Systemic racism is like a civic virus.  The virus lingers in the political, economic, social, governmental, etc., body until it is found.  This metaphorical definition and explanation clearly illustrate the underlying issue about systemic racism, where the blurriness makes it sometimes difficult to address. Systemic racism also termed “institutional racism,” is the capture of the ideas of a social group and its reflection at various system levels on supremacy over other social groups that influence evaluations, actions, perceptions, and judgment over them.  Systemic racism can be seen at multiple levels, including law, regulations, social, economics, and so on.  An example glimpsed in the conceptualization of systemic racism in Stokely Carmichael and Charles V. Hamilton’s 1967 book, “Black Power: The Politics of Liberation” reads as follows:

When a black family moves into a home in a white neighborhood and is stoned, burned, or routed out, they are victims of an overt act of individual racism, which most people will condemn. But it is institutional racism that keeps black people locked in [decaying] slum tenements, subject to the daily prey of exploitative slumlords, merchants, loan sharks, and discriminatory real estate agents. Society either pretends it does not know of this latter situation or is, in fact, incapable of doing anything meaningful about it.

Some schools of thought choose to embrace the issue from another perspective.  The likes of Morgan Freeman say, “race has nothing to do with wealth distribution (economic), that it is like religion to him and a good excuse for not getting there.”  He said he did not want to talk about race because if it is spoken of, it exists.  He said, making it bigger than it is, is problematic. His views beg the question of whether there is systemic racism or not.  Deputy editor of The Conversation, Martin LaMonica says it exists and writes:

Systemic racism assumes white superiority individually, ideologically, and institutionally. The assumption of superiority can pervade thinking consciously and unconsciously. One most obvious example is apartheid, but even with anti-discrimination laws, systemic racism continues. Individuals may not see themselves as racist, but they can still benefit from systems that privilege white faces and voices.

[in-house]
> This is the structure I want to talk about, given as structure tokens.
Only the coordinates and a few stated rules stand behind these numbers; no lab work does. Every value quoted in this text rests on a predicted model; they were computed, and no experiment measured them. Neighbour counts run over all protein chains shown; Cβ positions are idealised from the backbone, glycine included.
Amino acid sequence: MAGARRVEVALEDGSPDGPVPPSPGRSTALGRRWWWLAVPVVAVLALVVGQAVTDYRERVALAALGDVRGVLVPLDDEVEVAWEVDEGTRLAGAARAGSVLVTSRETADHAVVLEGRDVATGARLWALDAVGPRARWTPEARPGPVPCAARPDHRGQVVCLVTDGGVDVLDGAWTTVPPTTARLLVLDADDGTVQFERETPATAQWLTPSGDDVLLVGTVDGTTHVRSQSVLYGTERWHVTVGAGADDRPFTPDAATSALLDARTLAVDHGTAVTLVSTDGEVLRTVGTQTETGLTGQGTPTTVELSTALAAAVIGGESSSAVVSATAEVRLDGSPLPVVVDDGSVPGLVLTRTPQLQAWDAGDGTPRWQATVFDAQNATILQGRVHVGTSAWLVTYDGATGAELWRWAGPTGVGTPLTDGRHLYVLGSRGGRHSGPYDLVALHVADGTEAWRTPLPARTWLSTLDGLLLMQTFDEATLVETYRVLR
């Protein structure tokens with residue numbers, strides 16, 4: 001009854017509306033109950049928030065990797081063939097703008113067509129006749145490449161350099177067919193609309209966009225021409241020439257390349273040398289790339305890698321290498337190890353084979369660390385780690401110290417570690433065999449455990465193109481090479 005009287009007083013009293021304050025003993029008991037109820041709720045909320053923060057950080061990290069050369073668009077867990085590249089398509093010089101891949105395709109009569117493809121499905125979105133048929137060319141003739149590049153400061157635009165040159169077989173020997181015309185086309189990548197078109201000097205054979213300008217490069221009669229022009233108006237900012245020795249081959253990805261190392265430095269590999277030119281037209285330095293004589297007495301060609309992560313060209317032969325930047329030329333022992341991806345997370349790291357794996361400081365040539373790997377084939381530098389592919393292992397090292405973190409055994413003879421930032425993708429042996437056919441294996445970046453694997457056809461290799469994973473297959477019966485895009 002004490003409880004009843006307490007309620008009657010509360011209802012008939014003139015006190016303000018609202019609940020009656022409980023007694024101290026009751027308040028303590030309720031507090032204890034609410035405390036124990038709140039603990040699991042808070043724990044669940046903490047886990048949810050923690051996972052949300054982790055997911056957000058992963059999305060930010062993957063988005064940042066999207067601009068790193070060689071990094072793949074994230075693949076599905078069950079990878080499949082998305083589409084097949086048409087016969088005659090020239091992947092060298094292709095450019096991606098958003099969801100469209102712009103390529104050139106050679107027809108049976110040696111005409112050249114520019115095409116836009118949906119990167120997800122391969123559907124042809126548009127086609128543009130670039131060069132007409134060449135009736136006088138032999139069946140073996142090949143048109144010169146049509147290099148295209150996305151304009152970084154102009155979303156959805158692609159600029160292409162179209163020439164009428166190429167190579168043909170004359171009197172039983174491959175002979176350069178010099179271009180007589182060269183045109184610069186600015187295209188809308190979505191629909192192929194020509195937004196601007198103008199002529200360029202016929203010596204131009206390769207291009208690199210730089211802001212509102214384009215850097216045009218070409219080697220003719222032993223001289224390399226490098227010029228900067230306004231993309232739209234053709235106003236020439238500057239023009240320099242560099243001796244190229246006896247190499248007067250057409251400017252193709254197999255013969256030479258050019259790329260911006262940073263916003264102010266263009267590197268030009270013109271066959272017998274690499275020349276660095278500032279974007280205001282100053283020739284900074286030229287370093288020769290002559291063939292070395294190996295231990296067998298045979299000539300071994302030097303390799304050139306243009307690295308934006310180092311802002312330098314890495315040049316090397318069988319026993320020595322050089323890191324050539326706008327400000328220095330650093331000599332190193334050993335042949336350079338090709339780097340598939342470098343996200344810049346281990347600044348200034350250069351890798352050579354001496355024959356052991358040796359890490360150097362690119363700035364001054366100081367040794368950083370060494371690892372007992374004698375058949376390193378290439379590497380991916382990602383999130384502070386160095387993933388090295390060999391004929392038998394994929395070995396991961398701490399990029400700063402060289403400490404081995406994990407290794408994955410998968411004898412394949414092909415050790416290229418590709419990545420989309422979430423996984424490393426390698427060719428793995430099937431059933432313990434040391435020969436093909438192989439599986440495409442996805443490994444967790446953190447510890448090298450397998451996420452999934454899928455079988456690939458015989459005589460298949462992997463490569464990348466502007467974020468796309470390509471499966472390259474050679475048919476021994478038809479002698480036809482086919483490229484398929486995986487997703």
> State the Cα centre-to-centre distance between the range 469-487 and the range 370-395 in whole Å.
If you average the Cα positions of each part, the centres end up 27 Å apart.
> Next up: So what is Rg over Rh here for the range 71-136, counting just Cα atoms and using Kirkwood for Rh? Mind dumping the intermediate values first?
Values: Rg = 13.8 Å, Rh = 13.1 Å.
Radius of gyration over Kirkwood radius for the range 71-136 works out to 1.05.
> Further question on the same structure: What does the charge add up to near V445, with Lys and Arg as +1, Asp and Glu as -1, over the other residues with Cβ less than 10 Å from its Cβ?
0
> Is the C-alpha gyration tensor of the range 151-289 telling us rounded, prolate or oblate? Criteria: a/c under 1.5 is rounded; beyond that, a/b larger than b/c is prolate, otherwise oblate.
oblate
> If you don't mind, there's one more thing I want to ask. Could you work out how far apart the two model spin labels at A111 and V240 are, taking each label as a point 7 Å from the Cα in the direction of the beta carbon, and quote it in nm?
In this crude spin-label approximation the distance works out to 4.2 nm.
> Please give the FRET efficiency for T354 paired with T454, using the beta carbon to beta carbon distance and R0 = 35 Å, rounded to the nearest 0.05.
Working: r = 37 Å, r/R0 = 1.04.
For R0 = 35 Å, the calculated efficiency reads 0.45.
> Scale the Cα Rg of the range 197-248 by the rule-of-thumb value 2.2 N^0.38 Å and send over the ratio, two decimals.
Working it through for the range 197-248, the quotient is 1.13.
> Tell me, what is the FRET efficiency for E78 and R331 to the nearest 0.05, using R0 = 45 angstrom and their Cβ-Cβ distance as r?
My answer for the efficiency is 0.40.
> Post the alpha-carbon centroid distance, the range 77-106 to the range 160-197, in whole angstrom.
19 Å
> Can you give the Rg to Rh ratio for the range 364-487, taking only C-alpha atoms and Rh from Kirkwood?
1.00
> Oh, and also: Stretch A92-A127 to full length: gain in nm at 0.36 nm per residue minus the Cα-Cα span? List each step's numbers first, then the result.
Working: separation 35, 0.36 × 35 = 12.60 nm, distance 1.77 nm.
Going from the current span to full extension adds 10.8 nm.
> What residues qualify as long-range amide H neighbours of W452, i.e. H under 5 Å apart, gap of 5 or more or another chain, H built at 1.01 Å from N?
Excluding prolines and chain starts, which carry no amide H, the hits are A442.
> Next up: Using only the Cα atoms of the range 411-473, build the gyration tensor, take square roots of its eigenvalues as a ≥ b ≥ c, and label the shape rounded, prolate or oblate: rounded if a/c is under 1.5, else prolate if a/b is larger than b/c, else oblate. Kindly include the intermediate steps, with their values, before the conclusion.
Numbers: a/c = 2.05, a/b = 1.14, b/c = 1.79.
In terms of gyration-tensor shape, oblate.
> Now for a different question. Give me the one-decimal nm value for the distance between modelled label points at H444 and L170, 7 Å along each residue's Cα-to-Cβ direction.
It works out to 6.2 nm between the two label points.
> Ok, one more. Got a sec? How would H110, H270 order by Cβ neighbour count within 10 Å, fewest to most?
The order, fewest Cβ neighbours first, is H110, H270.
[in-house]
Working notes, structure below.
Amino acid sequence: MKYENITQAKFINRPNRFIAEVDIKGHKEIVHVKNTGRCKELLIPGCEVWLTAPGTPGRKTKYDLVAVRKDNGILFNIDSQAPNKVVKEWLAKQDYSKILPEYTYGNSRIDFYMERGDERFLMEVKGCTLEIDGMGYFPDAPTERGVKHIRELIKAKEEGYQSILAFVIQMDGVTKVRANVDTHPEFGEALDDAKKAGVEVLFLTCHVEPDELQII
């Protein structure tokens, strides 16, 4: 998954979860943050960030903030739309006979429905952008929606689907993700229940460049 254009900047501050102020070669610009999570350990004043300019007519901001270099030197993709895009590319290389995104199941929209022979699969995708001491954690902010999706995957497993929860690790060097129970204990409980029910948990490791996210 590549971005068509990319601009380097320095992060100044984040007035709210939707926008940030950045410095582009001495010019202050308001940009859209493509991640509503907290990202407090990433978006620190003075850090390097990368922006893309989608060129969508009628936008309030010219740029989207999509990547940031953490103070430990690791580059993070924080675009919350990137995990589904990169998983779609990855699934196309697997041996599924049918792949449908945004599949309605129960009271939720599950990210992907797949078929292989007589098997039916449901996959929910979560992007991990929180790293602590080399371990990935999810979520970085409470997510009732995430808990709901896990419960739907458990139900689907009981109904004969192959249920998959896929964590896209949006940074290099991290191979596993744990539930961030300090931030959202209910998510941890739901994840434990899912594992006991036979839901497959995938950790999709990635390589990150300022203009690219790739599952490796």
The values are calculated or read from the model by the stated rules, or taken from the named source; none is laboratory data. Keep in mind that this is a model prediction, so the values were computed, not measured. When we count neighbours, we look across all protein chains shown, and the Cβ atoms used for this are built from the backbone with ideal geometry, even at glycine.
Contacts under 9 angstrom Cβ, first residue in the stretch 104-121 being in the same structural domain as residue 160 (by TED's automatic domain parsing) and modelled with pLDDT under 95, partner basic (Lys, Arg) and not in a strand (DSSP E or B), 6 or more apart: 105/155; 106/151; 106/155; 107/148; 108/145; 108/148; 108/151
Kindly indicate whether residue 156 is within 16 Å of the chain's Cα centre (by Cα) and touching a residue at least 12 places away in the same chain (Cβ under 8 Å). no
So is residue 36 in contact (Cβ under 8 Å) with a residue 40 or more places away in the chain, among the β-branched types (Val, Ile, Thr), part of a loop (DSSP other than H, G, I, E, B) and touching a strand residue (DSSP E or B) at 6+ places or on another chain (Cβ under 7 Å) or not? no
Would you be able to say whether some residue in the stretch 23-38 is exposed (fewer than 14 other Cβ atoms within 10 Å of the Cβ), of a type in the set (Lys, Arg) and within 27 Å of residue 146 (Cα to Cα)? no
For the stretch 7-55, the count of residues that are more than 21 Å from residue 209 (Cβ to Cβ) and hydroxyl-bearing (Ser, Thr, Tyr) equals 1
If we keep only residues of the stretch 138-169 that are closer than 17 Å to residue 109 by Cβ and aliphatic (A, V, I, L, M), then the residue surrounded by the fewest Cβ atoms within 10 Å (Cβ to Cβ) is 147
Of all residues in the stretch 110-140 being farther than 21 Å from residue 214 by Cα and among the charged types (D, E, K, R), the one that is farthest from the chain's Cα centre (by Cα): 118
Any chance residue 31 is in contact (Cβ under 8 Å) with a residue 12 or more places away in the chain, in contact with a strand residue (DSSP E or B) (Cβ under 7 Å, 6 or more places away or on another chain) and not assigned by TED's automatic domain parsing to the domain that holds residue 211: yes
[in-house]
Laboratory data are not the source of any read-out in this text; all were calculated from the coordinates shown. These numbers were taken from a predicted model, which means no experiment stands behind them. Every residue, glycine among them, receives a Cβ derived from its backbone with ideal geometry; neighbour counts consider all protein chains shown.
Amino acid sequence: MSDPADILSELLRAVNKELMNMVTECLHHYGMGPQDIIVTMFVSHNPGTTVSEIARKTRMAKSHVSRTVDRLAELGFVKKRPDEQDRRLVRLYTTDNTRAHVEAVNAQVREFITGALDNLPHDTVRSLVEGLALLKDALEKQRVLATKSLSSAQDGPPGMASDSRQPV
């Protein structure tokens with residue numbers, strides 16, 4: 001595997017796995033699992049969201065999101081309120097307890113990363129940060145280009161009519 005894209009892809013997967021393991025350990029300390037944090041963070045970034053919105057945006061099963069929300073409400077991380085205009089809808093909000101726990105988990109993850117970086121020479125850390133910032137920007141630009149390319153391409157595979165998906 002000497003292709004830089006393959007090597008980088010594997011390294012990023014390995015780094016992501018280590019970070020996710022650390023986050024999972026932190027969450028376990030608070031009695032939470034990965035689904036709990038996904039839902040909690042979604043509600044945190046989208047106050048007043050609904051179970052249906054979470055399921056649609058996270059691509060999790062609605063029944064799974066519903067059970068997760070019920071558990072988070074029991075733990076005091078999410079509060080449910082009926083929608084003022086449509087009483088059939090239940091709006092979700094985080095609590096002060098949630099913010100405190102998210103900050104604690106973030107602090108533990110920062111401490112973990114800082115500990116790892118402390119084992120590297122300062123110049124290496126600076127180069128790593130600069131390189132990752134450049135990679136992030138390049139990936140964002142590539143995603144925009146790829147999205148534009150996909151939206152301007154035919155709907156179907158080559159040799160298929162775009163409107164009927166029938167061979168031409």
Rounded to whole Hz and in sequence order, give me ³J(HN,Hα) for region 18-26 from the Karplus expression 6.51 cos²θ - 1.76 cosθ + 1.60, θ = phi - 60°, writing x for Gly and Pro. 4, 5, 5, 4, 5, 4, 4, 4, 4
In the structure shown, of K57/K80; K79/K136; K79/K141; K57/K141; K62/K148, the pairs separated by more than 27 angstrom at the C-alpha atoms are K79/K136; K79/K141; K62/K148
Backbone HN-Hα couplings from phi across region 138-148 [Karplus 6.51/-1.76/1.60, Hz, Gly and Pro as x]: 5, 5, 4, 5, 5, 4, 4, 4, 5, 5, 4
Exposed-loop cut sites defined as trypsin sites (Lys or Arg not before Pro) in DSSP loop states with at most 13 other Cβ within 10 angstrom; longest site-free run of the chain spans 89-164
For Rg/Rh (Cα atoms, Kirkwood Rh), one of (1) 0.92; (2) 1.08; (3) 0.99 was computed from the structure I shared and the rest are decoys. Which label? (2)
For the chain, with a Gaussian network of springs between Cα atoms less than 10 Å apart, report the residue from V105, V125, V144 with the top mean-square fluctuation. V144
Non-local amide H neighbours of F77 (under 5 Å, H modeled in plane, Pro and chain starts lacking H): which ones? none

Denzel Washington emphasized the importance of making headway in the home when interviewed by Article II. The question was: “The incarceration rates in America’s been a problem, especially as [regards] to minorities and “Roman (film)” delves into the issues around the legal system, do you think we’ve made any headway? And  his response was:

“I think it’s more important to make headway in our own house.”  He added, “By the time the system comes into play, the damage is done. They’re not locking up 7-year olds”.  He recounted the time he was in Chicago, and he saw some little kids on bikes with masks on the side of their heads.  He said there were 5 or 6 of them, and the driver said, “Yeah, little Yummys.”  According to Washington, he said his response was “Who,” and the driver said, “little Yummys.” 

Washington says to the interviewer, “Look Up, google “Little Yummys.” Little Yummy was an 11-year-old murderer.  He got murdered when he was 11-year-old by a 14-year-old who’s doing life now.  Do you blame the system?  Where was his father?  It starts in the house; it starts in the home. Where was his father?”.